Both based on beloved source material by iconic creators, both arguably the top television shows in the world, Game of Thrones and The Walking Dead have redefined genre television for a new generation, adding dramatic weight and heft in telling a human story in fantasy worlds, whether the world is Westeros or post-zombie apocalypse America. The difference and excellence of these shows can be best summarized by this: Game of Thrones has dragons and The Walking Dead has zombies . . . but neither is even close to being about either. Both are barreling trains of commerce, storytelling, and . . . they’re running out of track.
Game of Thrones already seems destined to outstrip the books on which the series is based, A Song of Ice and Fire by George R.R. Martin. With the upcoming fifth season beginning to dovetail away from and add new material to the books-to-show translation (it will be primarily based on both Martin’s fourth and fifth books, 2005’s A Feast for Crows and 2011’s A Dance with Dragons), even book readers are finally at a deficit, no longer aware of a climatic Red Wedding or nice Joffrey suffocation.
That means that the already-confirmed Season 6 will cover at least of some of the yet-unpublished sixth volume The Winds of Winter, and the seventh and final book A Dream of Spring is only an title. At last report, Winter will maybe probably not be published in 2015, putting an early 2016, pre-Season 6 release likeliest. Speaking as an author, I can say for certain Martin wants to avoid as much as possible the show catching up. Something he backs me up on. A late 2015/early 2016 roll-out prior to said novel’s adaptation airing in spring 2016 would have an ideal sense, for him and for marketers. This all of course is speculative. Until it turns out to be right. Then I knew all along.
The Walking Dead is based on Robert Kirkman’s ongoing monthly comic series, which the series loosely follows with many differences and variations. To put that kind of prolific work in perspective, Kirkman published 24 volumes (each consisting of 24 issues) of material since he began the series in 2003 and is in the midst of writing the 25th. These motherfuckers really are comic books.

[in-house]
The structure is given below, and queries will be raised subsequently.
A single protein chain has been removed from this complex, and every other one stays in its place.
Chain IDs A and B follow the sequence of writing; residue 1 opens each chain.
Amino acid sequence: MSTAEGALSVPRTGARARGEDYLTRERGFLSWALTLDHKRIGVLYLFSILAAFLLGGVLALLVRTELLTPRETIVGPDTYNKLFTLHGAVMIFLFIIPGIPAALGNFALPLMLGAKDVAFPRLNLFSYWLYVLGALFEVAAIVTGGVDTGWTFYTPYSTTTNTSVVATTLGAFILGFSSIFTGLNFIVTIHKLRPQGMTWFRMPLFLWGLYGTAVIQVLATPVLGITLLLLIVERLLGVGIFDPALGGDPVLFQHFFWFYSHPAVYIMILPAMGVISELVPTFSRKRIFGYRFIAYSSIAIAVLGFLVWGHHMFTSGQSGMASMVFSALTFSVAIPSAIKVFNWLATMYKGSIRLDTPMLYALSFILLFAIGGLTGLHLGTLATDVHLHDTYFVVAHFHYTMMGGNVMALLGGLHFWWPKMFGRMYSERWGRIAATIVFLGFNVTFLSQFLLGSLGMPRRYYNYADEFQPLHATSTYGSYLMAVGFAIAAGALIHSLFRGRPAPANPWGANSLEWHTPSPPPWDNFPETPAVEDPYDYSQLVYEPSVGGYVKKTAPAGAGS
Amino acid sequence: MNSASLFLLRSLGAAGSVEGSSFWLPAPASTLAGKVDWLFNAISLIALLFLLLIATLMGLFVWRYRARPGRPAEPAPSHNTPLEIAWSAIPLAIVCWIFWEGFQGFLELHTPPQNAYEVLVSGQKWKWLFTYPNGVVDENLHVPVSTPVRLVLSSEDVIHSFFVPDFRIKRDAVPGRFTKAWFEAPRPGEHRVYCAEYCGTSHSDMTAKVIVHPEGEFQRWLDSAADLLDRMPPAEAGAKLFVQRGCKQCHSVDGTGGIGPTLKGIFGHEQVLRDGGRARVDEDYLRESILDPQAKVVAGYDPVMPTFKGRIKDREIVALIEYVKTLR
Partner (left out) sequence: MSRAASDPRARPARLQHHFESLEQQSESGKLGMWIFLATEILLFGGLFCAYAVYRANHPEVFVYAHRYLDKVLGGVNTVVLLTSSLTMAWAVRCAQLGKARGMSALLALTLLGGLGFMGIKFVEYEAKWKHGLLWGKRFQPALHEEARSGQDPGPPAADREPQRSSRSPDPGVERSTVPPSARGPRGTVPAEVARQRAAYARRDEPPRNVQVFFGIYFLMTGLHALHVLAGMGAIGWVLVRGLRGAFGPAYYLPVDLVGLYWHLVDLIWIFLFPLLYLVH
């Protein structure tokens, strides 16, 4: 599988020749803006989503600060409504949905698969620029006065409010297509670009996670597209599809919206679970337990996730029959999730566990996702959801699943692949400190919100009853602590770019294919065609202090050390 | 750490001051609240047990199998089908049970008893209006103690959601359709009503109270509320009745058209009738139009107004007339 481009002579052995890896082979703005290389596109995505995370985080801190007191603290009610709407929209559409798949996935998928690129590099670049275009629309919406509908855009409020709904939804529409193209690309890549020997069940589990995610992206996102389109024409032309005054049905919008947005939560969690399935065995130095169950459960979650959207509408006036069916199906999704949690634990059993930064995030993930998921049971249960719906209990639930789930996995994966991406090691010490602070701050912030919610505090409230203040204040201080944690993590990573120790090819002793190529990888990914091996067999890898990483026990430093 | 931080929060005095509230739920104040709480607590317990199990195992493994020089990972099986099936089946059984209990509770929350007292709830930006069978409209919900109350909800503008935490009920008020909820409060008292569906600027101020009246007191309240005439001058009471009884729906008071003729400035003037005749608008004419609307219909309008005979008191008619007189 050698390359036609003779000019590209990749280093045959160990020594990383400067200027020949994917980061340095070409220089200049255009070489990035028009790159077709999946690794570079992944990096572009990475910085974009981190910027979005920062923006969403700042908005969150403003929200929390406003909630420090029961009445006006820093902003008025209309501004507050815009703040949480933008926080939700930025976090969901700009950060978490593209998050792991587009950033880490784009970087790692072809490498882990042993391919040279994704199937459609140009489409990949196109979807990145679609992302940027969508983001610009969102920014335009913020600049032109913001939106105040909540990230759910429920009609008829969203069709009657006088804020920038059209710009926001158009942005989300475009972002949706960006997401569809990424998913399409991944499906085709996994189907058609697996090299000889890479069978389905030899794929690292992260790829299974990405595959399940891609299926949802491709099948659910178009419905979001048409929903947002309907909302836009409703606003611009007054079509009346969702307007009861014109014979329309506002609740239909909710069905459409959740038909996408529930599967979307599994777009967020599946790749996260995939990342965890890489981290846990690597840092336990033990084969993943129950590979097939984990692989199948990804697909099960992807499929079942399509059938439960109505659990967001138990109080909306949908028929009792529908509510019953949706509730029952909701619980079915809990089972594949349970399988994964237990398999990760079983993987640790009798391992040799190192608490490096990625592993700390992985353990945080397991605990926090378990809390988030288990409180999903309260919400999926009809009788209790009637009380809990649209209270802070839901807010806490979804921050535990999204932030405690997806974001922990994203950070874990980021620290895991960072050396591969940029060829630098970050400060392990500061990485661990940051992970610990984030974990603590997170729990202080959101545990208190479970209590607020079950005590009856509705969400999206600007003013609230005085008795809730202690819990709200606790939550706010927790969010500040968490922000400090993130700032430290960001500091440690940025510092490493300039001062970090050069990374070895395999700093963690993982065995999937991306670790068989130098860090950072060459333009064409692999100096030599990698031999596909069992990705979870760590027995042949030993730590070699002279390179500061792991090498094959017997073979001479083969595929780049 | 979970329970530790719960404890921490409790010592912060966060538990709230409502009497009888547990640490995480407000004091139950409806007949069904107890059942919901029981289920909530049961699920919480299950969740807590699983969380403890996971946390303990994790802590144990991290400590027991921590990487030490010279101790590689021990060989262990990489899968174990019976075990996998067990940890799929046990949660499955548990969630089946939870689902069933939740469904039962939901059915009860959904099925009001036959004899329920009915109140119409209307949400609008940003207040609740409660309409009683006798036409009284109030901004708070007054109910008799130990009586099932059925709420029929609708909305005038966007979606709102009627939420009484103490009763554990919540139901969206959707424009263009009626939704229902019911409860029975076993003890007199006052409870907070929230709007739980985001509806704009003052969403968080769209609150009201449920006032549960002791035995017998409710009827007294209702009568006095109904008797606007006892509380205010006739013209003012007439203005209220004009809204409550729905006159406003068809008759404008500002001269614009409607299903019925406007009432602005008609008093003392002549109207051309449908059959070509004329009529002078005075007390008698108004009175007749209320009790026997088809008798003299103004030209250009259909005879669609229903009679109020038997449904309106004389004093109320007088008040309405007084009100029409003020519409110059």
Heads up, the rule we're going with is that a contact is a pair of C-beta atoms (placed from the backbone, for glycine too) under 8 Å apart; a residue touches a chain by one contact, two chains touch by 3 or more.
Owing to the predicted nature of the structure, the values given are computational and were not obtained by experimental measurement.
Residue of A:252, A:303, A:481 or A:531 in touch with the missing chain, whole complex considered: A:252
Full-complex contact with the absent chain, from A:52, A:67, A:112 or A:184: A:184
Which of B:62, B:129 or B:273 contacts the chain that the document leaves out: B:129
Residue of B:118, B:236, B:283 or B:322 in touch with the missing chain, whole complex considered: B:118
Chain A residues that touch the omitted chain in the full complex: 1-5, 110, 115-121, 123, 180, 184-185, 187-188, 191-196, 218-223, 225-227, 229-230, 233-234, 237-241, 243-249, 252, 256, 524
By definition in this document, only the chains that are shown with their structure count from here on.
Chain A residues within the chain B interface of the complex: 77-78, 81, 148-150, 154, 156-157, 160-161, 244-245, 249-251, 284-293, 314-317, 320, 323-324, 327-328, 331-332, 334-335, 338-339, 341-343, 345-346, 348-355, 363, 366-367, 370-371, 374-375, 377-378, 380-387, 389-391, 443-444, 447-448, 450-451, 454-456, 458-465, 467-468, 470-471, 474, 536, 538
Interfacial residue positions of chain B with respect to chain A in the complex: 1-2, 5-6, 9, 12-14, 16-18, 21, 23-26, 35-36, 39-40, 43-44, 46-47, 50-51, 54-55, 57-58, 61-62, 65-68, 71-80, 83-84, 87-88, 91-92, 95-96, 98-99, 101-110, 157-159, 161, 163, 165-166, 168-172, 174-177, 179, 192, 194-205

But as huge as that is, the show has already burned through to, roughly Vol. 13 and 14. The show began following the comic much more closely with a remix approach beginning in Season 4, when the last in a series of showrunner upheavals left Scott M. Gimple at the helm of the show. Many fans and critics have called it a creative renaissance and ratings have increased. From that point the series has chewed through more material than in the first three seasons combined. Now, on the course it has charted, it is gaining on Kirkman by a year each year.
Kirkman has made it clear the ongoing part of the series is to be taken literally; this is not a novel, this is a grand experiment in serial storytelling and we will follow this apocalypse all the way through. In addition, the only person Kirkman considers even remotely safe is Carl. No, not even his protagonist father Rick, whom we have followed for the entirety of the story, is safe. Indeed, only 2 characters besides our primary father-son duo from the first 6 issues are even still alive. From dozens.
Kirkman’s plotting usually involves writing rough 24 issue arcs. Combining this with Gimple’s loyal remix approach from Season 4 and 5 – which have seen some of the most direct comic-to-TV moments of the whole show – we can roughly chart out the show’s course, story and time wise, for the next few years.
|The Walking Dead (Comic Book)||The Walking Dead (TV Series)|
|S1||2003-04||Vol. 1: Days Gone By||2010||Season 1|